Dollar, shares rebound as U.S. data calms stimulus fears
By Marc Jones
LONDON (Reuters) - The dollar and global shares recovered from one-month lows on Tuesday and German Bund futures eased, after weak U.S. data calmed concerns about an early cut in central bank stimulus.
Markets were generally more settled than in recent sessions and as a lull in this week's busy schedule of central bank meetings, U.S. data and announcements on Japan's stimulus program, offered a break from recent sharp moves.
Wall Street was expected to open flat
The dollar steadied, having climbed back above 100 yen and recouped some of Monday's wider falls .DXY after the ISM index of U.S. factory activity fell to its lowest since June 2009.
The figures had helped soothe jittery markets by bolstering the view that it is still too early for the Federal Reserve to start winding down its support program. Nevertheless with such talk unlikely to go away, analysts said the market swings would continue, especially with U.S. job data due this week.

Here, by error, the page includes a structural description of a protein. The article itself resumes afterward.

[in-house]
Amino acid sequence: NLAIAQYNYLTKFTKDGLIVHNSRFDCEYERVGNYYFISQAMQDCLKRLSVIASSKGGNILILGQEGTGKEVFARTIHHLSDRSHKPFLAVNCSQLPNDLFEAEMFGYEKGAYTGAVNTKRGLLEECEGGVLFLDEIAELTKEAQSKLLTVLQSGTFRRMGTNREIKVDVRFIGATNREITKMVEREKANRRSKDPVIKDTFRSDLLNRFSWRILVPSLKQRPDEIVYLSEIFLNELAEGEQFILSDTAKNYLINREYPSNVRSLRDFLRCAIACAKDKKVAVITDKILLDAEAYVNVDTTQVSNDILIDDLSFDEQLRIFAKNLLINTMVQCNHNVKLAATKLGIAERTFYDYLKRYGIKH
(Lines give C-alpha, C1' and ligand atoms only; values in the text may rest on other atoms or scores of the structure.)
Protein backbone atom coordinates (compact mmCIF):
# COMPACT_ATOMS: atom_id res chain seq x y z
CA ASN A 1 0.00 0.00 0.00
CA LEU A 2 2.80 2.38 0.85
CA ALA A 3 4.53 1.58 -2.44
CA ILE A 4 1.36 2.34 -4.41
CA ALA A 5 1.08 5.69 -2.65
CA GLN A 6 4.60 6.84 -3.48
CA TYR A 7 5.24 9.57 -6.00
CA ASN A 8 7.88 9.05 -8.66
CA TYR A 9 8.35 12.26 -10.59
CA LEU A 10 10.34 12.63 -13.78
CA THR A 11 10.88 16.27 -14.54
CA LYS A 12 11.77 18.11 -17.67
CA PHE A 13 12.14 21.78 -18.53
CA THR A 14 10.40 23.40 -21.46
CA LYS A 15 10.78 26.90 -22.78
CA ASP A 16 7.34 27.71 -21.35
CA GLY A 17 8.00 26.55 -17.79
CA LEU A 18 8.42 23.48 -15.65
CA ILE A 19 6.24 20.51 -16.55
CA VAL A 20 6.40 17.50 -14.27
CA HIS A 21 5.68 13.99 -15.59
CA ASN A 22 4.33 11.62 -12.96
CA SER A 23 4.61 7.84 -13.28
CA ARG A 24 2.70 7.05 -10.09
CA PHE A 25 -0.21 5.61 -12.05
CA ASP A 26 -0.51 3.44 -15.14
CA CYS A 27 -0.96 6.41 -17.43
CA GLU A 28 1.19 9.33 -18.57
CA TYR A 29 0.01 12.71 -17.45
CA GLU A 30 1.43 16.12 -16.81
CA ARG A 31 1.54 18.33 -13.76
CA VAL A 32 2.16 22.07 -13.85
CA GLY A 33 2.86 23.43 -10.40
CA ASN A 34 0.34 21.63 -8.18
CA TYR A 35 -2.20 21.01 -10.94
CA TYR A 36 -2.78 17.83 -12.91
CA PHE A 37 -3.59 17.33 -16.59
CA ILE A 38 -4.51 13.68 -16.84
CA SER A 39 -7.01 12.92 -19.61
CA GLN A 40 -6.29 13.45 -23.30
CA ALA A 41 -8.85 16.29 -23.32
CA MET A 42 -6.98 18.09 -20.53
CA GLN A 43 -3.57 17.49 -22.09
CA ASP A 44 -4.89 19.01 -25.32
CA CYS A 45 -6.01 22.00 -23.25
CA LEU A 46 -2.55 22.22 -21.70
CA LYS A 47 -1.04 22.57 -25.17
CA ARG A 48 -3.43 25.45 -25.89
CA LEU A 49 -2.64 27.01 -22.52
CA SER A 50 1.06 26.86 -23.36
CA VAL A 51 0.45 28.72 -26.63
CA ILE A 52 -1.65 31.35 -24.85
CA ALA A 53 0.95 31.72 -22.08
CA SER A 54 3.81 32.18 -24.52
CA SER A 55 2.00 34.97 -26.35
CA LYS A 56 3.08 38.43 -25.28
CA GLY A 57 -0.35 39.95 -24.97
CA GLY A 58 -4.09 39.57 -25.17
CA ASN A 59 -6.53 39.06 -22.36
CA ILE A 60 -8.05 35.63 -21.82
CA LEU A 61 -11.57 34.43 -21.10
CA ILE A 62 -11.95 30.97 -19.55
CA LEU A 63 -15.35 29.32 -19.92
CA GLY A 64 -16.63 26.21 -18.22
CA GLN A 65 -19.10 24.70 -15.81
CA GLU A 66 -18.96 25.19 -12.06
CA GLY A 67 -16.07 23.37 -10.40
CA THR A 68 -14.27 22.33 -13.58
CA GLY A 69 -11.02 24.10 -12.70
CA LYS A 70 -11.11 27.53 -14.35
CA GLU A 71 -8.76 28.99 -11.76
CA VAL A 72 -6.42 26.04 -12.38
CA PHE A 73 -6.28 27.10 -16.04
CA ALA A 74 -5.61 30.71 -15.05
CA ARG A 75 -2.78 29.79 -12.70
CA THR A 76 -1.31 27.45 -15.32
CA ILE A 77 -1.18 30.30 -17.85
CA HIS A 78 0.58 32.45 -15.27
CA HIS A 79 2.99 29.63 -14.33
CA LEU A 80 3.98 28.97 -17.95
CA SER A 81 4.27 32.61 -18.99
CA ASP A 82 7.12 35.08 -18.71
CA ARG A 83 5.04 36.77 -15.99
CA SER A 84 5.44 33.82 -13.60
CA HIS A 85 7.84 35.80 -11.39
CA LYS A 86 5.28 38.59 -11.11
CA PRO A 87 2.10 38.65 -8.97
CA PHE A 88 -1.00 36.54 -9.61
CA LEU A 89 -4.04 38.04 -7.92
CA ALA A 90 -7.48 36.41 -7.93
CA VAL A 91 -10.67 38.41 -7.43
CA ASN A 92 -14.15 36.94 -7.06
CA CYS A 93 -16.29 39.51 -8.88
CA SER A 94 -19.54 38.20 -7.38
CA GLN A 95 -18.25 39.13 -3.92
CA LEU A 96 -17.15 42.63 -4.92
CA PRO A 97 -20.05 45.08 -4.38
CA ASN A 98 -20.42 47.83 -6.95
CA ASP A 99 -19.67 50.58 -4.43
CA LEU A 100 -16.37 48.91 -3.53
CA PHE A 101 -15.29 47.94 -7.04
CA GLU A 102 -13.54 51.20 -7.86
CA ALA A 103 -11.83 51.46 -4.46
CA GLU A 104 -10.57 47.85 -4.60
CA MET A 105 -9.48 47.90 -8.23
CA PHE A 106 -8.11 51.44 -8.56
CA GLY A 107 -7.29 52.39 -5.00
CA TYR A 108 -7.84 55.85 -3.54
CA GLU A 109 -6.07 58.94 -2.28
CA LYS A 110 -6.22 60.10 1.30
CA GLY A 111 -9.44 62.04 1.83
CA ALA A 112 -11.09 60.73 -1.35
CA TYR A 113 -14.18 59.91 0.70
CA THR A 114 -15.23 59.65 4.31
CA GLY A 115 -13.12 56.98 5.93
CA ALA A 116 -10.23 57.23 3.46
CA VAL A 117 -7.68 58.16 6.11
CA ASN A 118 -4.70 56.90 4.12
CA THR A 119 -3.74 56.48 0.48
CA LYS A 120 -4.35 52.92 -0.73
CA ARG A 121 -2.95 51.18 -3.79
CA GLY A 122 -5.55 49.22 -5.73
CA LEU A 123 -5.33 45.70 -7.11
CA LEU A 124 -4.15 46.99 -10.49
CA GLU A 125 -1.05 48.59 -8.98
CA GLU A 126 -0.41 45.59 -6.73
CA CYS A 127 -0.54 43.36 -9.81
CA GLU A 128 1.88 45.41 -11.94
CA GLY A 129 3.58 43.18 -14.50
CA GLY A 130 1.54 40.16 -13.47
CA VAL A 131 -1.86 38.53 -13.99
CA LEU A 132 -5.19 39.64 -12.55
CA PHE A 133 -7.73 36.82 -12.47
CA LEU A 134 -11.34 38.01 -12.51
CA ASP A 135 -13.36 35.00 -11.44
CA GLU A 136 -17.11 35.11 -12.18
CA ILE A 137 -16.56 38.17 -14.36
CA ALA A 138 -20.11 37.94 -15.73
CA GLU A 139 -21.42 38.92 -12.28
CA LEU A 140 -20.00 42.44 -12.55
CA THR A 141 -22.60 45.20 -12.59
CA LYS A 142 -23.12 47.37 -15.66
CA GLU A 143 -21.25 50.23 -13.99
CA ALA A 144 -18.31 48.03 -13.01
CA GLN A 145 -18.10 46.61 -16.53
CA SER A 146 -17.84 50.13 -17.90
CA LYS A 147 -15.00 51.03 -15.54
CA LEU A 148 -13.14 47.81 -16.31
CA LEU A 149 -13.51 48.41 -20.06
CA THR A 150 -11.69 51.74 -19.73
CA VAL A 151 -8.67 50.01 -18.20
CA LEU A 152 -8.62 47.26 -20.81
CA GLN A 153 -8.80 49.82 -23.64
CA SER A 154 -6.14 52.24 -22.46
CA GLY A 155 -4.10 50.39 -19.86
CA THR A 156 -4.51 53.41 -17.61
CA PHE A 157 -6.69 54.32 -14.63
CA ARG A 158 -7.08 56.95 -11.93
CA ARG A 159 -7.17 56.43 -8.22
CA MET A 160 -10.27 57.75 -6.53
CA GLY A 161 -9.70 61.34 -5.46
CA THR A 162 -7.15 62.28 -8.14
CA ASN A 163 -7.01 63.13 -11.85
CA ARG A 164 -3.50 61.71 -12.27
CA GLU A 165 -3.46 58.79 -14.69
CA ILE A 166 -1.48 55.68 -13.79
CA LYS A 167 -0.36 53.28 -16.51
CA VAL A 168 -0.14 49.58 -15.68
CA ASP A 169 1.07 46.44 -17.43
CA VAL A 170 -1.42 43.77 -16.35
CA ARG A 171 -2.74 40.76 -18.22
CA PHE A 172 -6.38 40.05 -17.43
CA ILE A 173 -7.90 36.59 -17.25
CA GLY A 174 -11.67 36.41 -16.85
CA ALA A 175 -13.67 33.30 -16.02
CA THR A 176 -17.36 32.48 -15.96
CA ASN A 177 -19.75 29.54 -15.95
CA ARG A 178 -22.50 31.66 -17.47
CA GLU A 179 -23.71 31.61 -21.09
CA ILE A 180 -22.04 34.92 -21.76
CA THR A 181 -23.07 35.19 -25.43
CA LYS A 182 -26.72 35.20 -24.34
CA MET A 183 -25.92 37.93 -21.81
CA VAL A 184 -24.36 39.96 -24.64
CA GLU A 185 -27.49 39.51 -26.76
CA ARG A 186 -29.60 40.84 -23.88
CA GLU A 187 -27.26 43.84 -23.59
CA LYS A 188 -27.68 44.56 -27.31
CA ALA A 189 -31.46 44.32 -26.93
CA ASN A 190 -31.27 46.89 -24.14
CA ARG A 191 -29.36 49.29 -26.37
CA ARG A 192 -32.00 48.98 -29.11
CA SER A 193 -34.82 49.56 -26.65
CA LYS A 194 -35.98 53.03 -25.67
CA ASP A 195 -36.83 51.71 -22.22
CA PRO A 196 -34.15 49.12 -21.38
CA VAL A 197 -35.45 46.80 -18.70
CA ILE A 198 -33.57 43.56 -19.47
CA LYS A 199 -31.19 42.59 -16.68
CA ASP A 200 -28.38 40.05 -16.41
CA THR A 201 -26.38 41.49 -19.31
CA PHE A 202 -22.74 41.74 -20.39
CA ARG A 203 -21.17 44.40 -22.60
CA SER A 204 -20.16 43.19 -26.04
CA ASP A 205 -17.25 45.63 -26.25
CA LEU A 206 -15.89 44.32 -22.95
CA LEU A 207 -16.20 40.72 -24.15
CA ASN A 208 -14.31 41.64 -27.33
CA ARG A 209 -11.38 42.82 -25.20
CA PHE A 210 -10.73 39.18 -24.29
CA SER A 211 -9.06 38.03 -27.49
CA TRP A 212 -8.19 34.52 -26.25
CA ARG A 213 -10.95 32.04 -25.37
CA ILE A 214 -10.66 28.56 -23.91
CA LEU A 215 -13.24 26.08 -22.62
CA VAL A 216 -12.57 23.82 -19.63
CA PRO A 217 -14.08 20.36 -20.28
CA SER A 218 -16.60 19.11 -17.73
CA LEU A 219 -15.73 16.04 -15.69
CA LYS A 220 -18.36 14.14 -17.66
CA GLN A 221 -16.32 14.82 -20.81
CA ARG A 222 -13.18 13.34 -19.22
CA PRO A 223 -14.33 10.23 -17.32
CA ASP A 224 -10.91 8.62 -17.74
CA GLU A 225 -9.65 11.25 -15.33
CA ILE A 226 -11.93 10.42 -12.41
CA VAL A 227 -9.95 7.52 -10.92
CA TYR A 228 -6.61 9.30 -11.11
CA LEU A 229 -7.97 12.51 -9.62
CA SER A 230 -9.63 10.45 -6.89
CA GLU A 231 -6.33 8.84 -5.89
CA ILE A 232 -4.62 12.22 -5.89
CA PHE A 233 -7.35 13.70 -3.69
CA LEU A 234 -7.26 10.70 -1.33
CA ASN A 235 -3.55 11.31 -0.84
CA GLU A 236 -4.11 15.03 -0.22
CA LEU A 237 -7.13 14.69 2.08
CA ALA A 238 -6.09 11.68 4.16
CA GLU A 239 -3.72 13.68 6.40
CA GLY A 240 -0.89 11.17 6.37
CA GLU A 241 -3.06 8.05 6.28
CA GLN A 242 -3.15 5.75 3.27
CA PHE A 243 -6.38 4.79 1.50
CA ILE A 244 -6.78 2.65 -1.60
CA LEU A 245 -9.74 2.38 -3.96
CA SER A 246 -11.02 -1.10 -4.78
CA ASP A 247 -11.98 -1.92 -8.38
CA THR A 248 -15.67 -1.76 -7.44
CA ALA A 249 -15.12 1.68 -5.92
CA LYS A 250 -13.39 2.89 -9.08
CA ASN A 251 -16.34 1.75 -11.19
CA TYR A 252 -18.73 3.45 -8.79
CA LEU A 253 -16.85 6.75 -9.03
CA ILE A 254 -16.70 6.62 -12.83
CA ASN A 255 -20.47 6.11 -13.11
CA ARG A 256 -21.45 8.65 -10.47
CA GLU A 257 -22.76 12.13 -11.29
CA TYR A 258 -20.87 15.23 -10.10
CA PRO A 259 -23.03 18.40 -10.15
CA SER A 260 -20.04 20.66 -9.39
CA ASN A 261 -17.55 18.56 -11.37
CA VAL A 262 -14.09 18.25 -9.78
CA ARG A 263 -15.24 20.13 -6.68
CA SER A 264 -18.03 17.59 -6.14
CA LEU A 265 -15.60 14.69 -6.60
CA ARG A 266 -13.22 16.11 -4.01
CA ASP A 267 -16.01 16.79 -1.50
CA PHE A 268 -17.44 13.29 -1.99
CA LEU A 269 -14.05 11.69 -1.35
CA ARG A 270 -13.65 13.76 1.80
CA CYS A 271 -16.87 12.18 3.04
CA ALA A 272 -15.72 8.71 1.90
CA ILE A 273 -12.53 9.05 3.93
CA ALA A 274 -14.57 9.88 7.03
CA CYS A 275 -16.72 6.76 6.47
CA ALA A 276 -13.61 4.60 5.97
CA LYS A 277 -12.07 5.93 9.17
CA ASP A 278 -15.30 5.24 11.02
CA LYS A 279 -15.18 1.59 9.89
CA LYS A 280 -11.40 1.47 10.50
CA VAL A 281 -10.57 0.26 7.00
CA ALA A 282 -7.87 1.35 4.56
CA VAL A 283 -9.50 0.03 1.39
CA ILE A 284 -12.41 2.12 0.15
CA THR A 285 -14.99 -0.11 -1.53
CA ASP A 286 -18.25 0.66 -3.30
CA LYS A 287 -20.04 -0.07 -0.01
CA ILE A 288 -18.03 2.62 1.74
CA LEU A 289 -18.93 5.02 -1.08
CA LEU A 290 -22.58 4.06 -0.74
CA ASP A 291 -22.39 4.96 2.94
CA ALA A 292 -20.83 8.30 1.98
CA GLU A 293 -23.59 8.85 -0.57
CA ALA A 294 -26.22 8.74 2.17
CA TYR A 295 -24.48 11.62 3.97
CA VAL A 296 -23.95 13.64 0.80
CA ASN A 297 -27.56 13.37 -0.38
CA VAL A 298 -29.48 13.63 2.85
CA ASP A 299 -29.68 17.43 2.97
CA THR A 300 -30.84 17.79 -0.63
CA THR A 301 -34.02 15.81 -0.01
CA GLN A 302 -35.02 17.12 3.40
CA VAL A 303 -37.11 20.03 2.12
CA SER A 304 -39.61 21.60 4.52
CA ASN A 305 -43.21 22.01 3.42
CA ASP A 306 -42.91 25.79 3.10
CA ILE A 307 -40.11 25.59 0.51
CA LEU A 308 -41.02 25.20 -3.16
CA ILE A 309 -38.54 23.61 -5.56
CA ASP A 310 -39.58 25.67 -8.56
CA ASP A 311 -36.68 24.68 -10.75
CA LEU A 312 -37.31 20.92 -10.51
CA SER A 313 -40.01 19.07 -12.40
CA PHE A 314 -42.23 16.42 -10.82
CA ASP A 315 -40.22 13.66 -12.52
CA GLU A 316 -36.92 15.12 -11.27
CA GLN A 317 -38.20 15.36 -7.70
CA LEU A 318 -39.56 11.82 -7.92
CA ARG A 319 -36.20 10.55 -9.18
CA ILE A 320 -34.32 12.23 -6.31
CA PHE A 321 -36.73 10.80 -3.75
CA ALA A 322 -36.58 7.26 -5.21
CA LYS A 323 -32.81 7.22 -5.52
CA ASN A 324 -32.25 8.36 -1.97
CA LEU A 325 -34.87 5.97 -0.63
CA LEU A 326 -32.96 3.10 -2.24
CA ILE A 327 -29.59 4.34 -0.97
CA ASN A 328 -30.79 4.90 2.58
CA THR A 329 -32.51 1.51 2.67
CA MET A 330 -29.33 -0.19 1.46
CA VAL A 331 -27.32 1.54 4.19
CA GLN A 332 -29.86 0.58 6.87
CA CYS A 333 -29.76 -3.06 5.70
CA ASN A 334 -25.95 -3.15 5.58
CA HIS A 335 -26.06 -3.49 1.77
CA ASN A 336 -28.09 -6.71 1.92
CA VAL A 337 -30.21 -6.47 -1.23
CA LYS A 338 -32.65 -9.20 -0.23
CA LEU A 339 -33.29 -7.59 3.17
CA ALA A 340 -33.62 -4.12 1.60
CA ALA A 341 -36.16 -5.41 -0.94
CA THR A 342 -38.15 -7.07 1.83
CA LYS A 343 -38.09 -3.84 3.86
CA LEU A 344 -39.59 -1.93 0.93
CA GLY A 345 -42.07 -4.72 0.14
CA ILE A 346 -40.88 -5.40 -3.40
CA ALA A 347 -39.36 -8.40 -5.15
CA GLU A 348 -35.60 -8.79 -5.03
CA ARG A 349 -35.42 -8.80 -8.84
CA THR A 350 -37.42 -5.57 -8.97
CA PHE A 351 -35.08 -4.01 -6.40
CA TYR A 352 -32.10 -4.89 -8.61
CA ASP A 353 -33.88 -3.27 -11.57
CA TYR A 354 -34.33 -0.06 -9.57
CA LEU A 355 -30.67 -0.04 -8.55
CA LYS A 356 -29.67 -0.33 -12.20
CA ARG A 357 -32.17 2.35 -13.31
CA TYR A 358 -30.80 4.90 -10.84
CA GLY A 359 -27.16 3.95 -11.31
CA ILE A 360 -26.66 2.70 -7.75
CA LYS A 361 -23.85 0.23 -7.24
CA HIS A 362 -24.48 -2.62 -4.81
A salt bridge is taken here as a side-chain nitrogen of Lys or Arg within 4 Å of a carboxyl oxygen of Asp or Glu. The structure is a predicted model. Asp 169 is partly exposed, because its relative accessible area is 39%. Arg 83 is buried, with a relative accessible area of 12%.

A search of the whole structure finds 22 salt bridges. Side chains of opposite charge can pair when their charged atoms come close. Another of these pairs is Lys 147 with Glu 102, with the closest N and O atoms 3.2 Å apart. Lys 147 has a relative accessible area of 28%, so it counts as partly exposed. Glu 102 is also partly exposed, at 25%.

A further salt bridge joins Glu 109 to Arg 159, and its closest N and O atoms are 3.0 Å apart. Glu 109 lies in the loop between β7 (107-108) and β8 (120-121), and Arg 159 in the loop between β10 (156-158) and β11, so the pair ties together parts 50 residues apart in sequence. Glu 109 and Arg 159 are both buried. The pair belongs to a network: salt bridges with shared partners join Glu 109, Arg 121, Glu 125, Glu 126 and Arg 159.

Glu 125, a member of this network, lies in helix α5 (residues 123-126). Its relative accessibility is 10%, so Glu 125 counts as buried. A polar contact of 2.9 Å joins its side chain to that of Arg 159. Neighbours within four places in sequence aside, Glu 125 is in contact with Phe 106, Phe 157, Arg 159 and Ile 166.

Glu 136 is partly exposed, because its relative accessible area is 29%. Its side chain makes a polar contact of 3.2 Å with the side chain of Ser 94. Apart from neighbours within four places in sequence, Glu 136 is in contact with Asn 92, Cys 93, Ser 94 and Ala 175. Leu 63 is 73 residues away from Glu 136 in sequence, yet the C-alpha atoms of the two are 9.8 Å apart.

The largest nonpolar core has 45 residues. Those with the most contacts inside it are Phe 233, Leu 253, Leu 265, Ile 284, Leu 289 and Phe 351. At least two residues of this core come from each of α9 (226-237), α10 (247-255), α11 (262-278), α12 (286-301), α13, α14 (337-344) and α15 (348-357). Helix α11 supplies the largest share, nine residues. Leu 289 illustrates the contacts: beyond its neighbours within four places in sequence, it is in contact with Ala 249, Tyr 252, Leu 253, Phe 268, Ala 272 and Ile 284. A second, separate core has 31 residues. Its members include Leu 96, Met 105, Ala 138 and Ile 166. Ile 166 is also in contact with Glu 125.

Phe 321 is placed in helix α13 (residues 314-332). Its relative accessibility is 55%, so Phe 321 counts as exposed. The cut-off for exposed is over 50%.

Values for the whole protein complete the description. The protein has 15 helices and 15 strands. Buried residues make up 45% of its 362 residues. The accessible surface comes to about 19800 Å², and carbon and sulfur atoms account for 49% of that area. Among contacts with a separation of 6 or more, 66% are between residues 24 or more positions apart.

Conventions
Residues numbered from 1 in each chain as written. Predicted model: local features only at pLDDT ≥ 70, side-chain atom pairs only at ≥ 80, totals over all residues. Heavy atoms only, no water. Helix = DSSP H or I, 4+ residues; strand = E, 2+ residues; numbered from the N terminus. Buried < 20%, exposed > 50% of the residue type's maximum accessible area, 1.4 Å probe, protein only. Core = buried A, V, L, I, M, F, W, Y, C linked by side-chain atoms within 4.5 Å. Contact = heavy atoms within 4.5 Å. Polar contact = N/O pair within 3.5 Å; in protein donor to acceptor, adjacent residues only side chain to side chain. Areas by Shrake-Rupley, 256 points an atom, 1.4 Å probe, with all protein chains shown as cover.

"Were are into this very volatile period which we were always going to have after such expansionary monetary policy," said National Australia Bank strategist Gavin Friend.
"Markets, in typical forward-looking fashion, are seeing the tapering as the beginning of the end of QE. You can argue that the Fed will still be buying significant quantities of bonds so markets shouldn't really react, but it is about the direction of travel."
European stocks .FTEU3.STOXX50E were off their highs of the day by the afternoon but remained 0.4 percent higher and on course to snap a two-day losing streak that had left them at their lowest level since early May. .EU Continued...